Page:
John Pomfret's China Lessons, mentioned earlier, is a subtle and insightful account of China's political evolution and devolution. Timothy Clissold's Mr. China is a subtle and insightful account of China's political and economic evoution and devolution -- and is absolutely hilarious as well. Two aspects of life that loom larger and larger in my own experience are central themes here. One is what I think of as the "paradox of slipshodness."

Detail by detail, nothing works all that well even in booming, modern China -- in distinct contrast to Japan, there appears to be very little ingrained sense of making sure things are done just the right way. To put it mildly. Yet the whole enterprise lurches forward. Sheer force of numbers? Who knows.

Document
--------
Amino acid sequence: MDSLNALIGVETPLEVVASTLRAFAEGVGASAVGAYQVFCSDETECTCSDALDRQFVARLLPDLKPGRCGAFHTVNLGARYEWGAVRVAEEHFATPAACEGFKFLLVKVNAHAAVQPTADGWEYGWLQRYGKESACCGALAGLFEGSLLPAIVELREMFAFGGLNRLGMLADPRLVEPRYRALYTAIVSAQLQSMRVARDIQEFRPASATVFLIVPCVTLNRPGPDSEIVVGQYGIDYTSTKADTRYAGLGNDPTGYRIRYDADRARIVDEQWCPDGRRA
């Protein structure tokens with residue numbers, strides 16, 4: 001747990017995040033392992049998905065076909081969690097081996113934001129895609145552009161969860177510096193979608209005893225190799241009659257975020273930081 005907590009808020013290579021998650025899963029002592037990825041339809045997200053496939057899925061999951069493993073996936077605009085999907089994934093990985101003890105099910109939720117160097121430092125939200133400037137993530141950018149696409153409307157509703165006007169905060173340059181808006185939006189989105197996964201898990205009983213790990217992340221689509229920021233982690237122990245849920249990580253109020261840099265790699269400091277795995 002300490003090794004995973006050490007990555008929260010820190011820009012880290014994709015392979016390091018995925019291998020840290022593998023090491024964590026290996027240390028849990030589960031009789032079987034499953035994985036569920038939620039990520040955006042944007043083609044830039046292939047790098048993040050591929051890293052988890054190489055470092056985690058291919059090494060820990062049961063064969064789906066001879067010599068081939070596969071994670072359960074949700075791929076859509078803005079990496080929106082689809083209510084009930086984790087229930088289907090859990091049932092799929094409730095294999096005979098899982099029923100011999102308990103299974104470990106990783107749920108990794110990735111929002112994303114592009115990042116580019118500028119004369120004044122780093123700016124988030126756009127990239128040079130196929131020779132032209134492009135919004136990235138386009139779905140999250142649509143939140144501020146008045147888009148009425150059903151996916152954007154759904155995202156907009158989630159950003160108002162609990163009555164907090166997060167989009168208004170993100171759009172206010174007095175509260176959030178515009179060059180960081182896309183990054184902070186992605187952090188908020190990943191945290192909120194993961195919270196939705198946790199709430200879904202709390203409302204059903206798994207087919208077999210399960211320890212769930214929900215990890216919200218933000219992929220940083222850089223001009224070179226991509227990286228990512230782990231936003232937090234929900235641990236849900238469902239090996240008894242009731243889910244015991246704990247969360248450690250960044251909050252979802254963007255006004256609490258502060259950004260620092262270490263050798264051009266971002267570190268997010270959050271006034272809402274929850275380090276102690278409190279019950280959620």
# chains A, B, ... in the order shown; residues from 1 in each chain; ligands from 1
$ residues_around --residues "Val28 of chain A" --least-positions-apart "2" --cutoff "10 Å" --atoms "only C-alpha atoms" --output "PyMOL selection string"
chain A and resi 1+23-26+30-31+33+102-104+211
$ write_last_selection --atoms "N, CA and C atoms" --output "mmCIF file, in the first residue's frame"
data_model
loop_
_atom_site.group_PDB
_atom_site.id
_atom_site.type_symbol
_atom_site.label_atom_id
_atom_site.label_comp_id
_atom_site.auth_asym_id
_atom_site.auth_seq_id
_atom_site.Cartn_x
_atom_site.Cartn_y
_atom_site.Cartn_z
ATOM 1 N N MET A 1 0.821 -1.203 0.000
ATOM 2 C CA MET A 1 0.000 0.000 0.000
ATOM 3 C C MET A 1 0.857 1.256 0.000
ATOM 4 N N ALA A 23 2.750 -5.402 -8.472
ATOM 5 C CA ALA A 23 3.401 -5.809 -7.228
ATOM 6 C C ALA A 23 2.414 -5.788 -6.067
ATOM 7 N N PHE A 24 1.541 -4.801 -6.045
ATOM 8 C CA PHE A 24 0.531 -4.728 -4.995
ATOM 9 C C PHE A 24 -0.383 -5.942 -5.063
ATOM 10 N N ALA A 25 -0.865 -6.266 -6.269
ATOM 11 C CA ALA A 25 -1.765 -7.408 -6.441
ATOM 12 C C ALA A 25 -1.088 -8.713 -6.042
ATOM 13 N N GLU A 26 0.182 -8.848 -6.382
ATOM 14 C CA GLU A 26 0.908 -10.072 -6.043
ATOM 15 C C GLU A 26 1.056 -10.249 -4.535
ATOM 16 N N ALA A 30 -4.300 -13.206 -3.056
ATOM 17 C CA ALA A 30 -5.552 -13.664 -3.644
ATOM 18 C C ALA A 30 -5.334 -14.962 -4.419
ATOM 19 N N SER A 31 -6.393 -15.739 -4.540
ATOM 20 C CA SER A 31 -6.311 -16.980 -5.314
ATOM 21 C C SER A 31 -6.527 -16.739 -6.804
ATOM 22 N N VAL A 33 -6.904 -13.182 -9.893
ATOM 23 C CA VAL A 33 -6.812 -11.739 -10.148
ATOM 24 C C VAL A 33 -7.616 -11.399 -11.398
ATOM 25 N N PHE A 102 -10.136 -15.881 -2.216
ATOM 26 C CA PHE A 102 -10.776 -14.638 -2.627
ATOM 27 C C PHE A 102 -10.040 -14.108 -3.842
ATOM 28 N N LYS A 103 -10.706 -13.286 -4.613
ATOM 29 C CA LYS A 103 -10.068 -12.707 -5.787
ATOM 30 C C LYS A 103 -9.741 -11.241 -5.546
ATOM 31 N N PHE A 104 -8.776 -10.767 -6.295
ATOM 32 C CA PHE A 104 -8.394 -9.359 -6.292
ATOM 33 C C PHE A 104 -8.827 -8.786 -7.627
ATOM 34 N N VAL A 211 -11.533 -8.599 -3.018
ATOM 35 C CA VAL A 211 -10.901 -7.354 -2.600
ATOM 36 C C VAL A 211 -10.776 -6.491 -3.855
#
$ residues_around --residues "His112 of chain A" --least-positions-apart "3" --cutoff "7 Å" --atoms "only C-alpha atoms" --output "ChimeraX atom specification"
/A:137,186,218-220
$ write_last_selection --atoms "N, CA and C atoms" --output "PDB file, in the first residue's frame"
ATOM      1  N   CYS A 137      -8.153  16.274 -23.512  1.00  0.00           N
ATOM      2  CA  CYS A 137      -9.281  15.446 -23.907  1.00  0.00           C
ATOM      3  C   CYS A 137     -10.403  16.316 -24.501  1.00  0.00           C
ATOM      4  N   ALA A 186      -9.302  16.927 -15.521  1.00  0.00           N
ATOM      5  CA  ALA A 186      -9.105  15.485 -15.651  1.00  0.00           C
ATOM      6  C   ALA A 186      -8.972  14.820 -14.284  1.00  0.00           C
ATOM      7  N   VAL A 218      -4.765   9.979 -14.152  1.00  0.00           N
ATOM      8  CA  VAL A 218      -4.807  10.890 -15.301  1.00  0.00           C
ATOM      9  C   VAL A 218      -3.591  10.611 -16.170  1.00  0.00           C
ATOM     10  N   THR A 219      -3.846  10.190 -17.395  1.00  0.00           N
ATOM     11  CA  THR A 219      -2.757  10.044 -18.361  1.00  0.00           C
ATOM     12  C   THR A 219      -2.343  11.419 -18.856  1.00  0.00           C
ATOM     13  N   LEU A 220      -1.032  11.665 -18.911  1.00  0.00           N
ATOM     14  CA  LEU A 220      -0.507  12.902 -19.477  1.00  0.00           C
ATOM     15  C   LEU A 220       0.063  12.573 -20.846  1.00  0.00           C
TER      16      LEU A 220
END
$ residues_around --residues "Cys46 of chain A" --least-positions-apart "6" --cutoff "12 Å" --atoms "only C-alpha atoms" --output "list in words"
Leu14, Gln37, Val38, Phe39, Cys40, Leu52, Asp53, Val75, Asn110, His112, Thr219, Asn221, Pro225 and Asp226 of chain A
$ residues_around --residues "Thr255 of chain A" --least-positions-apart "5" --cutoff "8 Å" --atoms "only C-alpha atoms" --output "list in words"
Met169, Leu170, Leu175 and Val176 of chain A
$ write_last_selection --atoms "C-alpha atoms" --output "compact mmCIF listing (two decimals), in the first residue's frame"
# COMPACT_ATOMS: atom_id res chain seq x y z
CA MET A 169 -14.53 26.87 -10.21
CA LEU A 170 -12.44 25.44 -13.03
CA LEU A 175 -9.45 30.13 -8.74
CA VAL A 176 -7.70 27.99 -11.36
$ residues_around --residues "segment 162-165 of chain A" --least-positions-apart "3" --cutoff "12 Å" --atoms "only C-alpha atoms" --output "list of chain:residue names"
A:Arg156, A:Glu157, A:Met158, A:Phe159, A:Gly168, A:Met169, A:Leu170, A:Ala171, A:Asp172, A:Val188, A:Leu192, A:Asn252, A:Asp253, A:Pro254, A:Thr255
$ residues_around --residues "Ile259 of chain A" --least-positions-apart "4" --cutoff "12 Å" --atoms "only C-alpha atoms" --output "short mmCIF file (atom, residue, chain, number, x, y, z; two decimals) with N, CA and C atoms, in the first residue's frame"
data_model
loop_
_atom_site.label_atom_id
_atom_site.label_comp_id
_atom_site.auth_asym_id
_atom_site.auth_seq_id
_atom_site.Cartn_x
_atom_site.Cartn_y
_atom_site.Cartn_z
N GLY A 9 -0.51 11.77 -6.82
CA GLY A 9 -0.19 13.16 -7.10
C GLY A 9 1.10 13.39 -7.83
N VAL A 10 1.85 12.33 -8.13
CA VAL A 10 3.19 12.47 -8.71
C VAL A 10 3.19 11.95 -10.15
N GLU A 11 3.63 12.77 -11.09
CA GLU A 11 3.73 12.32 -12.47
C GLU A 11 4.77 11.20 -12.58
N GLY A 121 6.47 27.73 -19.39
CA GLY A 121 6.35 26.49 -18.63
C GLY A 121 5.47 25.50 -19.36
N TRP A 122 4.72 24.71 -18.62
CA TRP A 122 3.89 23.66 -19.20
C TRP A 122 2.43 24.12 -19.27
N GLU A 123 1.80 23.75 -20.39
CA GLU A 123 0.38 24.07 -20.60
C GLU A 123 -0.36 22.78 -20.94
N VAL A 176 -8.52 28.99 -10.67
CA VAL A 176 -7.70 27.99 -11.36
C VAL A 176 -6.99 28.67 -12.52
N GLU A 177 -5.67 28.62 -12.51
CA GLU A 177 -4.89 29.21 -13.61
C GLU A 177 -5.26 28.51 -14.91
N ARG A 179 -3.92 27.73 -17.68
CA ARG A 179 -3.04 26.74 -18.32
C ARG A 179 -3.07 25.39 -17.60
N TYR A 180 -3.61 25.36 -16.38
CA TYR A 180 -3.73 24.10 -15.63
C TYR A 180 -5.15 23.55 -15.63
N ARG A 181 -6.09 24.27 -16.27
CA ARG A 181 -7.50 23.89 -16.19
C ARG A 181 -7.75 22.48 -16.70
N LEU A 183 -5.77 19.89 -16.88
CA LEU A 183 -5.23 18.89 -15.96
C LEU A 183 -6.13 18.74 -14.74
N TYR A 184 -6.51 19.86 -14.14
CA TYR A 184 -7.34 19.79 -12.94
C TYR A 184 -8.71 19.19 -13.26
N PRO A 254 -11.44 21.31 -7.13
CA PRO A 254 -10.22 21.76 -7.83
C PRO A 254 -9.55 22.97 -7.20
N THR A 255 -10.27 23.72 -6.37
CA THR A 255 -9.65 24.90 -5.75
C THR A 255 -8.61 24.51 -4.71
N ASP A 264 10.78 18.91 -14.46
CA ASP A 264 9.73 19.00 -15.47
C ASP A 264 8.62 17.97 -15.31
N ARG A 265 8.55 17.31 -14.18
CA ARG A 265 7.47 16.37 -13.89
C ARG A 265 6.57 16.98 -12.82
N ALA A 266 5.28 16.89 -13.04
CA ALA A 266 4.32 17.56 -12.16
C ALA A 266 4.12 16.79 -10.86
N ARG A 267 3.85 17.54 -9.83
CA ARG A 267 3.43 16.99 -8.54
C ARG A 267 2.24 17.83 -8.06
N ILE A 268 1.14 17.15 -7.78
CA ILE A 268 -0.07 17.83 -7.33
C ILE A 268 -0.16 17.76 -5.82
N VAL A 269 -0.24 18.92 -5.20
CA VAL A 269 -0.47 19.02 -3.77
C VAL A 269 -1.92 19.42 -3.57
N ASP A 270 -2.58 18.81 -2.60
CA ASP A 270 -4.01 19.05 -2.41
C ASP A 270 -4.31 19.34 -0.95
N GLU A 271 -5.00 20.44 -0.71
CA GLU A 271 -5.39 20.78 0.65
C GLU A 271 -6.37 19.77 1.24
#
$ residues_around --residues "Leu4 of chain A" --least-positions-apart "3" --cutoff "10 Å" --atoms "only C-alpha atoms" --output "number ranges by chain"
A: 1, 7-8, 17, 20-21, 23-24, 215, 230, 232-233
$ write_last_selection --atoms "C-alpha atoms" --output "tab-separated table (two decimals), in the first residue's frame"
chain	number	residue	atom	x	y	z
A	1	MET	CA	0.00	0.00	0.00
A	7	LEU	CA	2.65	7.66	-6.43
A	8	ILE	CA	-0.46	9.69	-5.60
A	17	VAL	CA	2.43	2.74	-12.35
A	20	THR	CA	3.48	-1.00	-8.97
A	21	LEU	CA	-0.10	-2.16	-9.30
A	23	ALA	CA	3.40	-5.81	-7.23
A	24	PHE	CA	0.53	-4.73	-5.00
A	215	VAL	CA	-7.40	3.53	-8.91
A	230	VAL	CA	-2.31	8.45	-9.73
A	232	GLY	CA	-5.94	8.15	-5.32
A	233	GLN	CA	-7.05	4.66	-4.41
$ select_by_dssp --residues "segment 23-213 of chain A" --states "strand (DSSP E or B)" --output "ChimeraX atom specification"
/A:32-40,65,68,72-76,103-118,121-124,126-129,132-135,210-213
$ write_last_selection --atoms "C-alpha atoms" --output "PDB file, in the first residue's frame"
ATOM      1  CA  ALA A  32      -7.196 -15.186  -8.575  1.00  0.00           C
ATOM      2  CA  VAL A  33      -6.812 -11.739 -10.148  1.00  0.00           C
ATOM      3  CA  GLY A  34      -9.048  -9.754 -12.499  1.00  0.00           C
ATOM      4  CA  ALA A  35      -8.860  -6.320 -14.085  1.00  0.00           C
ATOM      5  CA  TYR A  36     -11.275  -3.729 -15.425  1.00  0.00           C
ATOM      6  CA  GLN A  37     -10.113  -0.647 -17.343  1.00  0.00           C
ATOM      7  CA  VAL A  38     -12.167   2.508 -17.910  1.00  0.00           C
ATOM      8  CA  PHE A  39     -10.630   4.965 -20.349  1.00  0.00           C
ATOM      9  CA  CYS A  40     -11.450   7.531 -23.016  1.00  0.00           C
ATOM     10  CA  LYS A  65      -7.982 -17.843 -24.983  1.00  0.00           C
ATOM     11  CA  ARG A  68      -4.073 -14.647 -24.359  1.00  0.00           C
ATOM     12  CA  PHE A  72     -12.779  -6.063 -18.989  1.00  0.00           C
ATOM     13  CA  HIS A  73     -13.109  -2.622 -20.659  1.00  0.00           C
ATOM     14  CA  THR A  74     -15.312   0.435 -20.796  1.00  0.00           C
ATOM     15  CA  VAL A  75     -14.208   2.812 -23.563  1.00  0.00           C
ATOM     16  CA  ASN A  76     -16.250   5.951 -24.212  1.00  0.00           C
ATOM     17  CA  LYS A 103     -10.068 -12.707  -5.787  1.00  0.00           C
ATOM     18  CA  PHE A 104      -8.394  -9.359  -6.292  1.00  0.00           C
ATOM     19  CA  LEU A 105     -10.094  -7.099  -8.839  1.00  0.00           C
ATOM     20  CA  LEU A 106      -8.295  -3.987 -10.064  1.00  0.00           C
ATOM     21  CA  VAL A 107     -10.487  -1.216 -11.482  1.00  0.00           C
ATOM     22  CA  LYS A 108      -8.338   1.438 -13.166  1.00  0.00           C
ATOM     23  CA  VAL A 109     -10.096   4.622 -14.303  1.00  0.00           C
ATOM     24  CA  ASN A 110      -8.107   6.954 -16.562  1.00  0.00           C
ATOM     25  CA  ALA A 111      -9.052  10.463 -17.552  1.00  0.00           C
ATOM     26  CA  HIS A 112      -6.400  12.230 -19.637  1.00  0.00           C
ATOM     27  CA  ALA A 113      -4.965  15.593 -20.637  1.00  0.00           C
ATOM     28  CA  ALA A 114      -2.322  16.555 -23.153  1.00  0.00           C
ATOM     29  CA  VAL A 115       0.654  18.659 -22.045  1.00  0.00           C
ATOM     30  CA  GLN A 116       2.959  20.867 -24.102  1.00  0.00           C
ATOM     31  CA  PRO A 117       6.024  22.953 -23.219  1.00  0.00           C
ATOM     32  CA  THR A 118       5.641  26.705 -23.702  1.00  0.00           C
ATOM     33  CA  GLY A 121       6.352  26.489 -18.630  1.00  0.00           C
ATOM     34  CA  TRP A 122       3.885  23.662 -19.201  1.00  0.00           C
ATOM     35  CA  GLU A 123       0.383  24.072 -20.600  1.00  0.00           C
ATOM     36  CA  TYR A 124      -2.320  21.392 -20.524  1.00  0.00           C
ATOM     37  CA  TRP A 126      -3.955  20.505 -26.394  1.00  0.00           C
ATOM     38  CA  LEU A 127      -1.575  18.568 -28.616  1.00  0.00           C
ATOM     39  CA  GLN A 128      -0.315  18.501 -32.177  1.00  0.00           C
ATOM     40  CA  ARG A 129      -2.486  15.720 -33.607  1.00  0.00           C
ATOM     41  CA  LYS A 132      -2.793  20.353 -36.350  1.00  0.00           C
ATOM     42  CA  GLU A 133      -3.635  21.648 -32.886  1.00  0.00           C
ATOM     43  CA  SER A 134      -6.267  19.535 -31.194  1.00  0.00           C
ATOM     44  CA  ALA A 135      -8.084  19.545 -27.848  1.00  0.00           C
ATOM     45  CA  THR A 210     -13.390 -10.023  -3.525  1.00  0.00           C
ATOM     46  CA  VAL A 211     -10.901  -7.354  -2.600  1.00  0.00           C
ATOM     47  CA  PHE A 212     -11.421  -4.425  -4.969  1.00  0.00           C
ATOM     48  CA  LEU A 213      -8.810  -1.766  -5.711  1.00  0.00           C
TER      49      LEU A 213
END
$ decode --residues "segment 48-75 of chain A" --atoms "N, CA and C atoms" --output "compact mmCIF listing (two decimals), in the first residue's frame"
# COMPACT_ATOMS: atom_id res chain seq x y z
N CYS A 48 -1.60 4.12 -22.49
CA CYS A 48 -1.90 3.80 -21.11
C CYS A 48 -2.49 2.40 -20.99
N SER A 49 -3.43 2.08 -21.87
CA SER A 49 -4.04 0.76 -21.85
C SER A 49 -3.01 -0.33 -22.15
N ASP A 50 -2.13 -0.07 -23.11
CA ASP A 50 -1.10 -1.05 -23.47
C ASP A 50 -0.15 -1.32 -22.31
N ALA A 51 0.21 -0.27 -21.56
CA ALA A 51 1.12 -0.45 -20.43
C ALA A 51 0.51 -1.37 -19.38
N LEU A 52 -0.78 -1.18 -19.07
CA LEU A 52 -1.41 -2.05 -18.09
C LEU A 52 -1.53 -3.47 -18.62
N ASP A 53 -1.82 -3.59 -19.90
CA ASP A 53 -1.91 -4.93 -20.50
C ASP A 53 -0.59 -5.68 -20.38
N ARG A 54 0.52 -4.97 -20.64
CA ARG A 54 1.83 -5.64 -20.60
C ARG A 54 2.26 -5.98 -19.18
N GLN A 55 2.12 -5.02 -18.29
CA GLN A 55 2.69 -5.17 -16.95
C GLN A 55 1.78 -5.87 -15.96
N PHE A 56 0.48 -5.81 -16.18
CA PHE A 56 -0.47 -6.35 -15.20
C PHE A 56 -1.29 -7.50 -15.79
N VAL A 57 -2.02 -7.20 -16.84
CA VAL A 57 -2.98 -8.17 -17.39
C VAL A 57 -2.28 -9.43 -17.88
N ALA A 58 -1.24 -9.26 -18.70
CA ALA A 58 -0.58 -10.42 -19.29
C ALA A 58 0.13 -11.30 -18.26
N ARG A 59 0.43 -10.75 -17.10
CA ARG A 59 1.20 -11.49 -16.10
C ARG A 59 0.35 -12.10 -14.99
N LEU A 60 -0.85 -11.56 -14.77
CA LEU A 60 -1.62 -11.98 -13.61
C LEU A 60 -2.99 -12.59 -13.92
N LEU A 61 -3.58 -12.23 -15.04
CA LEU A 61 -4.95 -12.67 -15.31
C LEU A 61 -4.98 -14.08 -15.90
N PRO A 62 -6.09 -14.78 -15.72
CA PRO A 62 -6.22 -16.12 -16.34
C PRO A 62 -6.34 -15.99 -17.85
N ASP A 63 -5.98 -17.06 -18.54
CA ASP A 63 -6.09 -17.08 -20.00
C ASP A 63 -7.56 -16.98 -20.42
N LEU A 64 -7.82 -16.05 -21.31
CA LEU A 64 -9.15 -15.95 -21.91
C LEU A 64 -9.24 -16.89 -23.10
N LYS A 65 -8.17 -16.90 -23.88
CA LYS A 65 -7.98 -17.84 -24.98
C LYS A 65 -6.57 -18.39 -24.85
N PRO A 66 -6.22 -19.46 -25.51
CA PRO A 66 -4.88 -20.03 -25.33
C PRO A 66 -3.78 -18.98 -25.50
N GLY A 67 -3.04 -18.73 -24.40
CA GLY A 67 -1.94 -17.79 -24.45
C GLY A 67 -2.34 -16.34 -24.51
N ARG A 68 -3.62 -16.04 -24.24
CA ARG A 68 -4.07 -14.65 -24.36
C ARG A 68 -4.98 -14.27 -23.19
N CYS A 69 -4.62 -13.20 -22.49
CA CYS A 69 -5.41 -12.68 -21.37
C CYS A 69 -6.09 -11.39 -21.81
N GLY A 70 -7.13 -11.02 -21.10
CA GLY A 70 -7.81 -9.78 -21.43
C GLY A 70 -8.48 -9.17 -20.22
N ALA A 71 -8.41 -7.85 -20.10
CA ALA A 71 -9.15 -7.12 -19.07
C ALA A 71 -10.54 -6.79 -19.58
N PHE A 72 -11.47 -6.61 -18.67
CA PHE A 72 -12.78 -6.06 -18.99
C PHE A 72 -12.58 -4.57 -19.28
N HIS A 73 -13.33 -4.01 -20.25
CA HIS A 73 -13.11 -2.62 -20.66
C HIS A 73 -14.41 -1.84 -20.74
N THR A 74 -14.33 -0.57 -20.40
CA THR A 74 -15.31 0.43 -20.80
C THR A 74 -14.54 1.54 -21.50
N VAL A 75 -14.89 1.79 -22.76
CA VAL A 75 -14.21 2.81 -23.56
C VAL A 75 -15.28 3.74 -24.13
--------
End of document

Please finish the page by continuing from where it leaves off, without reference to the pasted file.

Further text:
The other aspect is "trust but verify." Sometimes the Chinese people Clissold dealt with were deliberately misleading him. Other times it just turned out not to be convenient for them to follow through on commitments they made to him. Whatever -- just about nothing he was "promised" ended up actually coming true. Sounds all too familiar. Read this book!

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